Do you often take chances and still land on your feet? You may be more intelligent than you think. A small study recently analyzed the brains of high and low risk-takers and found that risk-takers do, in fact, have more developed brains. Take a look below to find out more about the surprising study.
Researchers from the Scandinavian research organization SINTEF and the University of Turku in Finland found that people who take chances may have a more developed brain than their cautious counterparts.
The small study, which was published in the journal PLOS ONE, specifically found a difference in “white matter”—the brain’s neural system responsible for analyzing and transmitting information—between “high risk-takers” and “low risk-takers.”
The study had 34 male volunteers ages 18 to 19 involved in a drumming simulation that took each of them through a set of 20 traffic lights.
The participants had the option to either stop or complete the ride as quickly as possible, but run the risk of a “crash” or a red light.
Each volunteer was rewarded points based on the level of risk they took during the study.
Neurological scans revealed those who made faster decisions and took more chances during the exercise appeared to exhibit more brain activity than those who decided to drive more safely.
The scientists conducted brain scans before the study began in order to compare them with the results following the driving exercise.
Keep in mind that the study was only conducted on men.
Although research shows male and female brains are not different, there still could be a number of psychological factors at play.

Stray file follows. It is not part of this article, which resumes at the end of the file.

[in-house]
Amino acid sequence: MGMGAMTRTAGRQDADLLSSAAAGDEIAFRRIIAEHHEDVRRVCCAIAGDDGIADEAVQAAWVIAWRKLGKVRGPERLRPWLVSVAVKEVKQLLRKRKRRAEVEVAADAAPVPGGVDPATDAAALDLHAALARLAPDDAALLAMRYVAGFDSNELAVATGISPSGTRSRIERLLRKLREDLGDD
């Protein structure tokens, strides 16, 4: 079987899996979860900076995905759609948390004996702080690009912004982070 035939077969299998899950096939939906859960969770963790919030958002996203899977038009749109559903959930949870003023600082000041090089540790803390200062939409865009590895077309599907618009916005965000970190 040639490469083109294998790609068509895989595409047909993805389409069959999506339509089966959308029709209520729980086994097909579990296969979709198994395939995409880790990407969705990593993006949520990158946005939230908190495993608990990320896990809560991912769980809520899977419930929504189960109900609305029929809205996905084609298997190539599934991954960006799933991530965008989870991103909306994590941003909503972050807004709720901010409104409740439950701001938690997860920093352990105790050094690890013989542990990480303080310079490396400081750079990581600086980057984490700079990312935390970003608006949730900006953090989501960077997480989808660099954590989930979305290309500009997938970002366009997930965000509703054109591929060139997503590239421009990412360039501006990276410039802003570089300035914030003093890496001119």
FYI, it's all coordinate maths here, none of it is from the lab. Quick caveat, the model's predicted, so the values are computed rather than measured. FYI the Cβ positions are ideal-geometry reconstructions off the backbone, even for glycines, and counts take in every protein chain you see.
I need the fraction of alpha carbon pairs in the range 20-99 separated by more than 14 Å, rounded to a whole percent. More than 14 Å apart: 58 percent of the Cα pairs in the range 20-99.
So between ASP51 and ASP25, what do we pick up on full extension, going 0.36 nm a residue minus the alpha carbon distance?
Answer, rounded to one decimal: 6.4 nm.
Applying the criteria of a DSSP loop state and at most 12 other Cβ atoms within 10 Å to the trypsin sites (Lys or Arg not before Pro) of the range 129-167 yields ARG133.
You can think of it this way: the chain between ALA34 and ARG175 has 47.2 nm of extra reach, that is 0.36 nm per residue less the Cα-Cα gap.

For instance, there are studies which suggest that men are more prone to taking dumb risks (according to information gathered from the Darwin Awards).
That said, there is also research that has linked quick thinking to more intelligence in both women and men.
“All the positive brain chemicals respond under such conditions, promoting growth factors that contribute to the development of the robust neural networks that form the basis of our physical and mental skills,” study researcher Dagfinn Moe said in a statement.
“The point here is that if you’re going to take risks, you have to have the required skills,” Moe continued. “And these have to be learned. Sadly, many fail during this learning process— with tragic consequences.”
It should be noted that more research probably needs to be conducted before a definitive conclusion can be made by the science community.
Still, based on the preliminary study, it appears taking chances may pay off in the long run—well, at least neurologically.